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Published on January 10th, 2009 | by Rahel Bailie

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Life After Launch: Web Operations Management

I wrote an article for the Duo Consulting blog on what used to be generally lumped into the change management phase of a content management project. The gist of the post is that preparing for the launch of a CMS is like preparing for the wedding day itself, rather than thinking of the coming together as a long-term committed relationship – in other words, a marriage.

When the project budget starts to get iffy, what gets cut is usually the planning for after The Big Day. There seems to be a blind faith that either (a) the romance of the new system will make everything work just fine – I call this the starry-eyed bride approach, or (b) that staff will adopt the arranged marriage by edict – the bullying husband approach. We know the outcomes of these approaches; some of us have been subjected to them ourselves.

The good news is that now we have a name for the line item in the CMS project budget: web operations management. The bad news is that more organizations still prepare for a wedding than prepare for a marriage. With the wonky economic situation and a greater need for fiscal responsibility, will 2009 finally be the year of responsible coupling?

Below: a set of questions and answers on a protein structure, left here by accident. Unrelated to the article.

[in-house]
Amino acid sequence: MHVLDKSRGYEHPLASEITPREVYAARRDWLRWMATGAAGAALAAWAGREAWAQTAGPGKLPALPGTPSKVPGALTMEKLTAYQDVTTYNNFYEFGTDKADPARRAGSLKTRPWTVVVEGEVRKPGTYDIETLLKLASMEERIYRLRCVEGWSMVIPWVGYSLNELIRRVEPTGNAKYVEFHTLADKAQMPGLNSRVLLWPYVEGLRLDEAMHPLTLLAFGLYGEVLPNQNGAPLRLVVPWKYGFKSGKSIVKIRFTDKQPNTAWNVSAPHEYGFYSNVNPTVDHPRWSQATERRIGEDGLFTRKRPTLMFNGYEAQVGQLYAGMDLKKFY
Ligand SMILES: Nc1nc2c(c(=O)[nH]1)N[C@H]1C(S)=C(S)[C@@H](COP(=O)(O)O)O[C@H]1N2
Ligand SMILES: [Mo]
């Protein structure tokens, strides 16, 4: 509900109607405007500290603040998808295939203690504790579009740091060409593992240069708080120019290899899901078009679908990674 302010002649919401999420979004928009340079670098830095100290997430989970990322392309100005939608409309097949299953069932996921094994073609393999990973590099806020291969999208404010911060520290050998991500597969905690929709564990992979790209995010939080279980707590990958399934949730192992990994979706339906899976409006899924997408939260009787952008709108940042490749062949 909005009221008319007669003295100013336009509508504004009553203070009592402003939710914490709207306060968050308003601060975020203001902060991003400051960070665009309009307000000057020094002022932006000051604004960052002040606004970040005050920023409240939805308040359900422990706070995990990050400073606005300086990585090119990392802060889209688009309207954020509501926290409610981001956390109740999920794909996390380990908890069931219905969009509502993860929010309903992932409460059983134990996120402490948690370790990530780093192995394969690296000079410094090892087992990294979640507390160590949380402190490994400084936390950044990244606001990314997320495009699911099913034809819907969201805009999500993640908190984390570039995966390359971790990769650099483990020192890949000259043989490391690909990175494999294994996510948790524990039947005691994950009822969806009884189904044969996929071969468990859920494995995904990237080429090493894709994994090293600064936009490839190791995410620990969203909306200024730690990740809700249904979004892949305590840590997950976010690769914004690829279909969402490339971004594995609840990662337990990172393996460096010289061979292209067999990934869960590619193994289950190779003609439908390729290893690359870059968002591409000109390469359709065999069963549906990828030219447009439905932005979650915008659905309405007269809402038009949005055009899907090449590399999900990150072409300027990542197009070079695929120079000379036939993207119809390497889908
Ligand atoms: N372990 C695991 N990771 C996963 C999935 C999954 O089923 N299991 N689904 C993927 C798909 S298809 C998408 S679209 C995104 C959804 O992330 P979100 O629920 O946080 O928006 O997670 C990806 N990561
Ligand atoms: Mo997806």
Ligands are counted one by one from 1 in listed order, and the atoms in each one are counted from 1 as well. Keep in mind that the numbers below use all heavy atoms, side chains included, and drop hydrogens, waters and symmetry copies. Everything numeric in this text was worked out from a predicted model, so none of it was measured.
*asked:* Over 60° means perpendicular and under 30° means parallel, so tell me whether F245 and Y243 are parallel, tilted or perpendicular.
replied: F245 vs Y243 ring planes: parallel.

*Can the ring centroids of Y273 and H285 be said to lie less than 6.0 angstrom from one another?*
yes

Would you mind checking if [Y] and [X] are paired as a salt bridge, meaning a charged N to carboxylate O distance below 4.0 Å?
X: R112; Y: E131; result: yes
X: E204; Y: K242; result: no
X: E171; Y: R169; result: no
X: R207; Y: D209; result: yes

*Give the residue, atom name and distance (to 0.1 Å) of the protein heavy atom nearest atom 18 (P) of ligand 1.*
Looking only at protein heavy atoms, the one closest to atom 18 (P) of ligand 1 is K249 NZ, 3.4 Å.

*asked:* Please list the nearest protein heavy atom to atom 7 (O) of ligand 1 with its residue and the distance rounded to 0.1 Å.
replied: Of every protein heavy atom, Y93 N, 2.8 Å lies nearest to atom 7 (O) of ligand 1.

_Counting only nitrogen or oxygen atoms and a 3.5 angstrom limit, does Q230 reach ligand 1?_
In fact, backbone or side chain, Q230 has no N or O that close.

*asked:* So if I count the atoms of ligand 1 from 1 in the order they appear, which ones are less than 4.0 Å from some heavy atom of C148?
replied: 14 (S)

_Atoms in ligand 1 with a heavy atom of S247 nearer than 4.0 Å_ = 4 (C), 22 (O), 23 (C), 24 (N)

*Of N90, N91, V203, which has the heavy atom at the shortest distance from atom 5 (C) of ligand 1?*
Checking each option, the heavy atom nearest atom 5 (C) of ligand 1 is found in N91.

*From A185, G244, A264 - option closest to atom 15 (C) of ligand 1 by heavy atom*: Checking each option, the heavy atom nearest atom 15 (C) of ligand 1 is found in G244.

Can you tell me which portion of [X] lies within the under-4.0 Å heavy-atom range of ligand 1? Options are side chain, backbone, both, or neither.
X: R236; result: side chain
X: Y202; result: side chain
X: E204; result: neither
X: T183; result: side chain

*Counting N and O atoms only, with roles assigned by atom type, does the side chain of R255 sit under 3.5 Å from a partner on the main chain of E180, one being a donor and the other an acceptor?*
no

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About the Author

Rahel Anne Bailie is a synthesizer of content strategy, requirements analysis, information architecture, and content management to increase the ROI of content. She has consulted for clients in a range of industries, and on several continents, whose aim is to better leverage their content as business assets. Founder of Intentional Design, she is now the Chief Knowledge Officer of London-based Scroll. She is a Fellow of the Society for Technical Communication, she has worked in the content business for over two decades. She is co-author of Content Strategy: Connecting the dots between business, brand, and benefits, and co-editor of The Language of Content Strategy, and is working on her third content strategy book,



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